Akita dogs will thrive on a complete and balanced dry or wet dog food. Akitas may also benefit from a high-protein formula to support a healthy, active lifestyle. Of course, Akita puppies need a complete and balanced puppy food for the first year of life.

    For information on how much or when to feed your Akita dog or puppy, explore our feeding articles here.

      History

      The Akita’s ancestry dates back to the early 17th century. In the prefecture of northern Japan where the breed gets its name, a competition was held to create a versatile hunting dog. Over time, the Akita was used to hunt big game like wild boar, elk and even bears.

      Ownership of these imposing hunters was once restricted to members of the Imperial family and their court. The breed nearly went extinct several times over the course of its long history, and a national breed club in Japan eventually formed to help ensure the Akita’s longevity.

      After World War II, American soldiers brought these dogs back to the States with them. It wasn’t until 1972, however, that the breed was recognized by the American Kennel Club (AKC).

      Facts

      • Helen Keller is credited with bringing the first Akita to the U.S., having received a puppy from the Ministry of Education during a visit to Japan in 1937, even though the first Akitas were probably brought back by soldiers returning home from war.
      • Akitas are a symbol of health, happiness and longevity in Japan. Akita figurines are often gifted to new parents following the birth of a child.
      • Hachi: A Dog’s Tale is a movie based on a real-life Akita named Hachiko. He spent nine years in a Japanese train station waiting for his owner (who died suddenly and unexpectedly) to return from work.
      • The Akita perceives “prolonged eye contact” as a challenge and may respond aggressively.

      Alaskan Malamute

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      About the Alaskan Malamute

      One of the oldest Arctic sled dogs, the Alaskan Malamute was first bred in Alaska to carry large loads over long distances. A majestic, dignified breed, the Malamute is highly intelligent and learns quickly, but he also can be strong-willed. Loyal, devoted and highly athletic, he is an affectionate family companion that enjoys outdoor activities. The Malamute needs daily exercise, and his thick, coarse coat requires daily brushing and occasional baths.

      American Bobtail Cat Breed

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      About the American Bobtail Cat Breed

      Confident and friendly, the American Bobtail is a highly intelligent breed with a clownlike personality. Looking much like a bobtailed wildcat, this rare and athletic breed can be taught to walk on a leash. The American Bobtail has two coat varieties, shorthair and longhair, and does not reach adulthood until 2 or 3 years old. A devoted family companion, this cat interacts well with people of all ages and is ideal with children.

      American Curl Cat Breed

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      About the American Curl Cat Breed

      The American Curl has distinctive curled ears that form a graceful arc, giving an alert, perky expression. This breed is known as the “Peter Pan” of cats due to retaining its kittenlike personality throughout life. The Curl has two coat varieties, shorthair and longhair. With her outstanding temperament, the Curl is a people-oriented breed that makes an affectionate soul mate and easily adjusts to other pets and children.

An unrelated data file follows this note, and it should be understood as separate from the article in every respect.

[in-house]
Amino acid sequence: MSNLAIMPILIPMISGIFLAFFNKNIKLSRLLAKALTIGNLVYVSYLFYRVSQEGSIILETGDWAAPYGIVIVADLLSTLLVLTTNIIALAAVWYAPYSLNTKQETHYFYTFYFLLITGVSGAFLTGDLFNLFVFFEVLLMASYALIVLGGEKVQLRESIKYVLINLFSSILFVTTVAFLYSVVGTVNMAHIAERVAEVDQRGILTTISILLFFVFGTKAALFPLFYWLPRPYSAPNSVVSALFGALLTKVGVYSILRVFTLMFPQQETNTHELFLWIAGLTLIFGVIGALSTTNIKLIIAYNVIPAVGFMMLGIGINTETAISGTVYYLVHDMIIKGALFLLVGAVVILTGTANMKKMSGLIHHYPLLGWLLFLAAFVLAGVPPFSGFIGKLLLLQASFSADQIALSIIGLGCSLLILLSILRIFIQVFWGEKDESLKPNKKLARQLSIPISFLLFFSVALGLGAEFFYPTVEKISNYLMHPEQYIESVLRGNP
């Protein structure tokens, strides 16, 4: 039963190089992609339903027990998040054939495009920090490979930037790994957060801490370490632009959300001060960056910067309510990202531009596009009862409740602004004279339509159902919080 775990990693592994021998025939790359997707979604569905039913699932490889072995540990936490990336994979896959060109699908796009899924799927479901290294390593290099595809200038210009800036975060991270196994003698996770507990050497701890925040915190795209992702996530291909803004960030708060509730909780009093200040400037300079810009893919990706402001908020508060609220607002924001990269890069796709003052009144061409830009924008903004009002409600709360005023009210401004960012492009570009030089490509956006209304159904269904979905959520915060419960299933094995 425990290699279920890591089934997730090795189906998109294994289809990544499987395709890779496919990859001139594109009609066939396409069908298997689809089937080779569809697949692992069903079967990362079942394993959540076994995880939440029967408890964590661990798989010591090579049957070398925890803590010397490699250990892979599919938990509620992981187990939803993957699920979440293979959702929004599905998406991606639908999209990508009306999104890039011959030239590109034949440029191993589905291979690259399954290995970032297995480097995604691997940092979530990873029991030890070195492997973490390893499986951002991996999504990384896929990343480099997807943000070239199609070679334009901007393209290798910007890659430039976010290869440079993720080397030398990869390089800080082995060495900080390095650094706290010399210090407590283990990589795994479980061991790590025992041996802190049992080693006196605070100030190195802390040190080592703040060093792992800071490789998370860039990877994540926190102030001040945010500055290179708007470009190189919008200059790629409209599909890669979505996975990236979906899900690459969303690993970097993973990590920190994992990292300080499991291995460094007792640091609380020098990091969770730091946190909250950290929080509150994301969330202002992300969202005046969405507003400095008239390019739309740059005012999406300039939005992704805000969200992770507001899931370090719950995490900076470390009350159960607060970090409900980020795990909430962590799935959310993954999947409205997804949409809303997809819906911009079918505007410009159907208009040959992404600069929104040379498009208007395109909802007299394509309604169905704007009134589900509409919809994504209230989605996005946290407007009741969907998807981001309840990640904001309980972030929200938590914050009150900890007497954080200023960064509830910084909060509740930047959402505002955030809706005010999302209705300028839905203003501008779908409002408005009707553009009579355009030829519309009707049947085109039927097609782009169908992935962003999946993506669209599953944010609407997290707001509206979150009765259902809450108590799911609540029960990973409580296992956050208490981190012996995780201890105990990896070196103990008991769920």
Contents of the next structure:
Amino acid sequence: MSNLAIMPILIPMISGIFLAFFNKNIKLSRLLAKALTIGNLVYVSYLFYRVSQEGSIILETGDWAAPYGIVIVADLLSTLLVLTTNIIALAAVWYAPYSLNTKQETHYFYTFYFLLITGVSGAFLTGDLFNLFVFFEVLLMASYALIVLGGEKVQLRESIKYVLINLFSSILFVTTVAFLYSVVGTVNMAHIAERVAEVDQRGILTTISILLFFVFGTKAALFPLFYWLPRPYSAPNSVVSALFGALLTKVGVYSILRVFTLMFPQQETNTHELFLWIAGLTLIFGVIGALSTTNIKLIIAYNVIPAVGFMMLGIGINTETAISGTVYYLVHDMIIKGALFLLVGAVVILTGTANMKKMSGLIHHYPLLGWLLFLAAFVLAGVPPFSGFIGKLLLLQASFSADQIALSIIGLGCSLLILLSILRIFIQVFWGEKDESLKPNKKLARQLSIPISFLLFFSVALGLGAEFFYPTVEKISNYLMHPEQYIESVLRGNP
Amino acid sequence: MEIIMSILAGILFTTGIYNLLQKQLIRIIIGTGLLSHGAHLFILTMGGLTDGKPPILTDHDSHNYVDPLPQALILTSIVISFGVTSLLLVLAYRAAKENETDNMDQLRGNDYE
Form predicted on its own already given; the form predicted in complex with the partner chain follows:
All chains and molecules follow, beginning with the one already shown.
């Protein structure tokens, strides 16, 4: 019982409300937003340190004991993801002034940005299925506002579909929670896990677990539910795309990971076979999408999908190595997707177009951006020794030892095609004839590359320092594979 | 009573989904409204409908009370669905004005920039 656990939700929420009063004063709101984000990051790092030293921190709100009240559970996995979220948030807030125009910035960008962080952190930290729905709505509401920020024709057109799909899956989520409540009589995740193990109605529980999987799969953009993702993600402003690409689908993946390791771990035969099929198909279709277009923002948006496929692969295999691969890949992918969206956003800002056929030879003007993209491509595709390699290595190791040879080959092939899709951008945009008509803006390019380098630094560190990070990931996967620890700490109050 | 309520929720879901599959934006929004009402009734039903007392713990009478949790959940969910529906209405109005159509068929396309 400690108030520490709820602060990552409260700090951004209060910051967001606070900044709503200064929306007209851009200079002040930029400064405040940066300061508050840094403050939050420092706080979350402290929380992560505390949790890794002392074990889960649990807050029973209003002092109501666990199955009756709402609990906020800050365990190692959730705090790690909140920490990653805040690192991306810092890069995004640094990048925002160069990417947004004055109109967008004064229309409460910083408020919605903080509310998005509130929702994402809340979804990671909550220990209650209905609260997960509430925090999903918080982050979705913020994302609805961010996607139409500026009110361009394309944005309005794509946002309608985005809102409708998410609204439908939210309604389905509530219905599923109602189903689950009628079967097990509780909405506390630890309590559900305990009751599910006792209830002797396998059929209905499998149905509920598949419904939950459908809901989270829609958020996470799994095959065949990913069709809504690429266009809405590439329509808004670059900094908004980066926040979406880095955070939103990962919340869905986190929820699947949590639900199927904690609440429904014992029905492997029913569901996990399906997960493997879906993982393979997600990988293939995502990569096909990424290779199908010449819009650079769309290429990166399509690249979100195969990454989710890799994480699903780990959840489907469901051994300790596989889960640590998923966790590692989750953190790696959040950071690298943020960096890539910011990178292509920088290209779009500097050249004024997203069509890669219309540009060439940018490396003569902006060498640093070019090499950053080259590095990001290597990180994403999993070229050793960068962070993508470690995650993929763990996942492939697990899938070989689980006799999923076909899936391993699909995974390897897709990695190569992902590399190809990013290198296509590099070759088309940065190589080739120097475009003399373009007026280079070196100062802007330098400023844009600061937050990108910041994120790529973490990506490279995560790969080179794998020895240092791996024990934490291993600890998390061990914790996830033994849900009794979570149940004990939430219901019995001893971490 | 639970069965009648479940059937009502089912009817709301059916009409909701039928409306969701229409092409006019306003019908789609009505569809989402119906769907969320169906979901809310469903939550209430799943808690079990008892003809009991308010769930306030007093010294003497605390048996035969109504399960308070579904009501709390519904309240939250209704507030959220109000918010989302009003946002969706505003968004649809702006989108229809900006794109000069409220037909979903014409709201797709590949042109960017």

American English Coonhound

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      About the American English Coonhound

      A descendant of the English Foxhound, the American English Coonhound is known for his speed and endurance. This athletic hound, which is capable of hunting raccoon and fox all night long, needs regular exercise to stay in condition. The American English Coonhound is sociable with humans and other dogs. The breed’s hard, protective coat needs little grooming.

      American Eskimo Dog

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      About the American Eskimo Dog

      The American Eskimo Dog, which descended from European spitz-type dogs, was brought to the U.S. by German immigrants. The breed comes in three size varieties: Standard, Miniature and Toy. Nicknamed the “Eskie,” this breed has a heavy white coat that requires weekly brushing. Although intelligent, affectionate and playful, the American Eskimo Dog can be skeptical of strangers.

      American Foxhound

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      About the American Foxhound

      A rare breed, the American Foxhound was developed by George Washington in the 1700s. Bred to run fast, the American Foxhound is ideal for pet owners in rural areas but also is adaptable to smaller homes if provided adequate exercise. A mild-tempered and easygoing breed, the American Foxhound gets along well with children and most pets. Stubborn and independent at times, he benefits from early training.

      American Shorthair Cat

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      About the American Shorthair Cat

      Formerly used to keep rodents and vermin away from food stores, the American Shorthair still enjoys exercising her hunting skills on unsuspecting insects. As a smart, moderately active feline, she enjoys learning tricks and challenging her intelligence with puzzles and interactive toys.

      She’s adaptable and good-natured, which makes her the ideal family companion. Although she loves attention from her people, including children, the American Shorthair does not like being carried and is fairly independent. She may curl up in your lap on occasion, but she may prefer to sit alongside you instead. She’ll get along fine with a cat-friendly dog, but her hunting instincts may take over with pet birds and other small animals.